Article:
This is one of those examples of what can go wrong in social media even when you’re not using it. The following is a video clip of an American news programme – keep watching and wait and see what happens when the interview appears to be over (it’s only a couple of minutes in total).
This is decidedly not the sort of thing you want on YouTube if it involves your company.
Since I mentioned on this blog and elsewhere a while ago that I’d been commissioned to write a book on social networking a number of people have asked me to speak at events. This is of course most kind – until you gather than a handful expect you to appear at their shindig, for which they’re expecting an income, for nothing.
It’s a minority of course, but if you’re one of them do have a look at this video…
Back from the Easter Hols (very nice thanks, few days at mum’s place) and I’ve walked straight into an argument over PR and blogging. It started innocently enough; a blogger who I won’t name puts a note up on Twitter to ask people to stop sending him press releases because they’re ‘not relevant’.
Why this caught my eye I don’t know, but it did. So I check the guy’s profile and there it is, for everyone to see: “Information junkie”. So we have a self-proclaimed information junkie asking professionals not to send him information. I make this point to him.
He responds, saying he doesn’t want spam to his work address, and he’s a blogger not a journalist so if people want his attention they have to mail him direct. He asks me if I haven’t had a release I’d consider spam from a PR in my time.
Well, no I haven’t. I’ve had releases that were badly targeted (I write primarily about small business and technology, so the woman who started sending me releases about female sex aids once was way off the mark albeit she makes a good anecdote); I’ve had those that are poorly written, but no, once I’ve said in public that I’m a freelance journalist I don’t think I can justifiably describe any genuine press release as unsolicited.
Twitter spats aside, there are a few salient points to be made. First, if you publicise yourself – no matter where – as someone seeking information, people who choose to send you this info are not doing anything wrong. The chances are that they are a professional doing a job, and if you imagine that the rest of the world should be instinctively aware of any strictures you’ve unilaterally applied then you’re plum crazy. Second, PRs and marketers have thousands of contacts to manage so if their approach seems a little impersonal that’s probably because it is. If you want a personal approach then pick up the phone and there is every chance a real person will speak to you. Personally.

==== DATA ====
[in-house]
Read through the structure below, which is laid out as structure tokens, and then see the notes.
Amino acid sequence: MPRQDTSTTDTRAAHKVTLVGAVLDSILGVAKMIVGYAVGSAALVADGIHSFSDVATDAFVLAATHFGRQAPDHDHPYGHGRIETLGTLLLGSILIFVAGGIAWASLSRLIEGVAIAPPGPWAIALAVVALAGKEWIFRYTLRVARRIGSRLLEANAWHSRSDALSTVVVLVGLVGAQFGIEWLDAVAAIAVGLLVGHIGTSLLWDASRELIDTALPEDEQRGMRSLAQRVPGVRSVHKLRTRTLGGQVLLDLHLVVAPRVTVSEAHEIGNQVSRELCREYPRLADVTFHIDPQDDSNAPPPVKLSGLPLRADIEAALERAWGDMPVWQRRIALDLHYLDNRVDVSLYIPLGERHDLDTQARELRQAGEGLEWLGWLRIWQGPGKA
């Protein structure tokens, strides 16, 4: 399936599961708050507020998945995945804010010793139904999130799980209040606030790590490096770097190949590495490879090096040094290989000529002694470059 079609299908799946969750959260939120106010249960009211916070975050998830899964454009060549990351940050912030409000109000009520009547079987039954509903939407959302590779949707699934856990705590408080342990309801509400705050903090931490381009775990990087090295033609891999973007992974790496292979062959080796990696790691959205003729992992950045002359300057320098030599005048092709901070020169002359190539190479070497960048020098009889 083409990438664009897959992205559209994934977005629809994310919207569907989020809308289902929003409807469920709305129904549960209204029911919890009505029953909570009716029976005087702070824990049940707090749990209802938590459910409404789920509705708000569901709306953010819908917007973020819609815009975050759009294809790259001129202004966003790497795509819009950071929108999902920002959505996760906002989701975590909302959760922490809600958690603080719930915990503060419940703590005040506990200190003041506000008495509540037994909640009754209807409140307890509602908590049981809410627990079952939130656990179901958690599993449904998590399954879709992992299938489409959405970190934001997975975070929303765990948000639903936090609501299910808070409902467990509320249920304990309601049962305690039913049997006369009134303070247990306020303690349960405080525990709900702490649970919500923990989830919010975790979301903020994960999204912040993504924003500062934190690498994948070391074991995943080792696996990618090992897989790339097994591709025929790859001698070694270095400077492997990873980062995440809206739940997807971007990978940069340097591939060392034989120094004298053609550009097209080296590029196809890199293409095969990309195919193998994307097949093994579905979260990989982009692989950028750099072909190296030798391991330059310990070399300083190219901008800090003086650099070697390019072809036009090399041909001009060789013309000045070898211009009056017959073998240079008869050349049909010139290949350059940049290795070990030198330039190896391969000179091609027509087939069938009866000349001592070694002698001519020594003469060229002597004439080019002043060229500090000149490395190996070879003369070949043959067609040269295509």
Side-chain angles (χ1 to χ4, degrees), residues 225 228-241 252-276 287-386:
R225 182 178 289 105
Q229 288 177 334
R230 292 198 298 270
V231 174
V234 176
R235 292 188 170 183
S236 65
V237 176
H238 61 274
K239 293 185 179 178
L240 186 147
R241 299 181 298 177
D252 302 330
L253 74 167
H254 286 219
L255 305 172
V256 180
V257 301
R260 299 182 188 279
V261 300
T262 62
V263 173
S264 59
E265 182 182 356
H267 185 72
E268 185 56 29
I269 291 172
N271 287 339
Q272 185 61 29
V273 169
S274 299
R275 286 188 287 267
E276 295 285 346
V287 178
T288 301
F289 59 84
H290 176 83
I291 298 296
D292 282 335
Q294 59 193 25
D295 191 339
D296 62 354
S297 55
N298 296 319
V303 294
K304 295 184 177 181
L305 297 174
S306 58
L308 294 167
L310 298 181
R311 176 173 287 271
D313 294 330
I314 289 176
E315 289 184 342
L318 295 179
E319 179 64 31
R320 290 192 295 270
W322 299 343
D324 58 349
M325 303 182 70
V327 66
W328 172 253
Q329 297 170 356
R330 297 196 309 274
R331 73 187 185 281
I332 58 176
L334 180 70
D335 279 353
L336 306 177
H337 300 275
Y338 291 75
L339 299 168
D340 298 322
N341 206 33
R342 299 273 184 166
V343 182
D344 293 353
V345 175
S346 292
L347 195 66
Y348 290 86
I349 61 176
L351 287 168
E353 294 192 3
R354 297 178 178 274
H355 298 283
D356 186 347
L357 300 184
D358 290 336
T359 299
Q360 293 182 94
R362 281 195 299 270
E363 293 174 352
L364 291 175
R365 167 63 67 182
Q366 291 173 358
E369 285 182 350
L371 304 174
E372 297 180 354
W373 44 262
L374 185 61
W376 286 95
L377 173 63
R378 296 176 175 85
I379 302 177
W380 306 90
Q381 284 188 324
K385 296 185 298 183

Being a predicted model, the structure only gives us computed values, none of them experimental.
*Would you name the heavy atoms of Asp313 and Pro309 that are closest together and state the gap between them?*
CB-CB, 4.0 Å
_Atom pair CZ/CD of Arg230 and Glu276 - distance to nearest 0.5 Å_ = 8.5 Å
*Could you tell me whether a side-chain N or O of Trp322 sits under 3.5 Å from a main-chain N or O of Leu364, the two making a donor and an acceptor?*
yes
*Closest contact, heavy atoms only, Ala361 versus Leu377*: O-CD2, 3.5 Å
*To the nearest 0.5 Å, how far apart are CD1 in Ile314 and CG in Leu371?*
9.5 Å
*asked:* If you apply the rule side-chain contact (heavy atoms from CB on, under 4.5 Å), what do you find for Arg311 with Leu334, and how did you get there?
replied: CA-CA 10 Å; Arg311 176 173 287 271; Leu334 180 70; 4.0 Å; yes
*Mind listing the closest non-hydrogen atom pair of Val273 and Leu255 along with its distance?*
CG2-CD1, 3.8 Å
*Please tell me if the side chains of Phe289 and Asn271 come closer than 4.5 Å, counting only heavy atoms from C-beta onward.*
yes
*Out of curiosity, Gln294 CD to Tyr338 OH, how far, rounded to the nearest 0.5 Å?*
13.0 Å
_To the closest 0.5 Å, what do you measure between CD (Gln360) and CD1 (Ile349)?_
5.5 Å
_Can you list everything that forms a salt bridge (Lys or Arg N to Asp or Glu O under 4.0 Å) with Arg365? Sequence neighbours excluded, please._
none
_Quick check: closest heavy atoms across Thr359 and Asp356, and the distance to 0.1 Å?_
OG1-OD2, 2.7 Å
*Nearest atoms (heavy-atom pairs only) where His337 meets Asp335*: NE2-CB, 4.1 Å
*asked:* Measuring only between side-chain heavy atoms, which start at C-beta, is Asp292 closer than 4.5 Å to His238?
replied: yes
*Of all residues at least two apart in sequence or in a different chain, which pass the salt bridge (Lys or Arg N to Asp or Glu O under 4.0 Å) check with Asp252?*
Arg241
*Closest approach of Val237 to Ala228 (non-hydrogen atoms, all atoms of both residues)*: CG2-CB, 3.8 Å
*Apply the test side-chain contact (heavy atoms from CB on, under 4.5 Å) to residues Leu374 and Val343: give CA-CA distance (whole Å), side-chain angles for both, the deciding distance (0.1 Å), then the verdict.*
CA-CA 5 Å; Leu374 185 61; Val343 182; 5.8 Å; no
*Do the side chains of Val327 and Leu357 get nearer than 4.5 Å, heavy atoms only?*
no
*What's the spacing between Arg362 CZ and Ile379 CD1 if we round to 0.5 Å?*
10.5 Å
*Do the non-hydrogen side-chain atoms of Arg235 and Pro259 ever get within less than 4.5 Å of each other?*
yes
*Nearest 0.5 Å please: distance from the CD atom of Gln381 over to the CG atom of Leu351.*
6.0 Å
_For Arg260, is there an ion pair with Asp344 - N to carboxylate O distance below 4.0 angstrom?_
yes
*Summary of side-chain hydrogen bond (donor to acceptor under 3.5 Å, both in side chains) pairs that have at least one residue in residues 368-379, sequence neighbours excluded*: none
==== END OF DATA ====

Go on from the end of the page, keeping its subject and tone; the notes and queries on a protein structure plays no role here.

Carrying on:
Second, even if you’re a blogger rather than a journalist (and goodness knows those lines are starting to blur) expect to manage your own online identity. If someone thinks something is going to be of interest to you, the chances are very good that they’ll Google for your name and send their mails to the first address they find. This means it’s up to you – not them – to ensure that the address they find first is the one you want them to use (try searching for Guy Clapperton and I can almost guarantee that every search you perform will produce clapperton.co.uk as the number one hit). And cut the guff – there are no ‘new rules’ for bloggers and other social media users, if you put your head over the parapet as being interested in information then the professional providers of it are going to start sending it. It’s your job to filter, not the PR’s job to hand-check every approach when they have thousands to handle. This means there is a risk to a blogger who is employed by someone else full time – yes, your work mail may become stuffed with information you’d rather went somewhere else. Your employer is not going to listen to stuff about how it’s the fault of an incompetent PR if their mail servers are becoming blocked. You’ve drawn attention to yourself, Pandora’s box and all that.
Not that bloggers are a bad thing. The ructions in Westminster over the weekend, in which some pretty dirty stuff was uncovered (here’s the blog where it all started) by a blog, and regardless of your politics it’s important that smear campaigns and blatant lies are uncovered for what they are. They are invaluable on the one hand, entertaining on another. As I’ve said before, though, there’s a real problem ahead for people who think they can blog without responsibility. In the past I’ve said this responsibility covers accuracy, libel and suchlike; it’s clear after this morning’s spat that this resp0nsibility also includes management of an online identity and not whining when people take you seriously enough to try to make contact.
Time for some fun stuff after a few days off (he says, blogging from the iPhone, do tell me whether you can read this!). I’ve been asked to commission and edit a supplement that will go out with one of the Nationals,
and in the first instance I’m going to see how many of the writers I can contact through social networks rather than traditional means.
I have no doubt I’ll give up quickly – I’m being paid for this after all so I want to
do it properly – but it should be fun to see just how far I can push it.
I’ll keep you informed.
Guy Clapperton is a UK-based freelance journalist specialising in small business and technology. He is currently working on a book on social media which will be released in October 2009. His main website is at www.clapperton.co.uk. If you need to mail him you can do so by clicking here.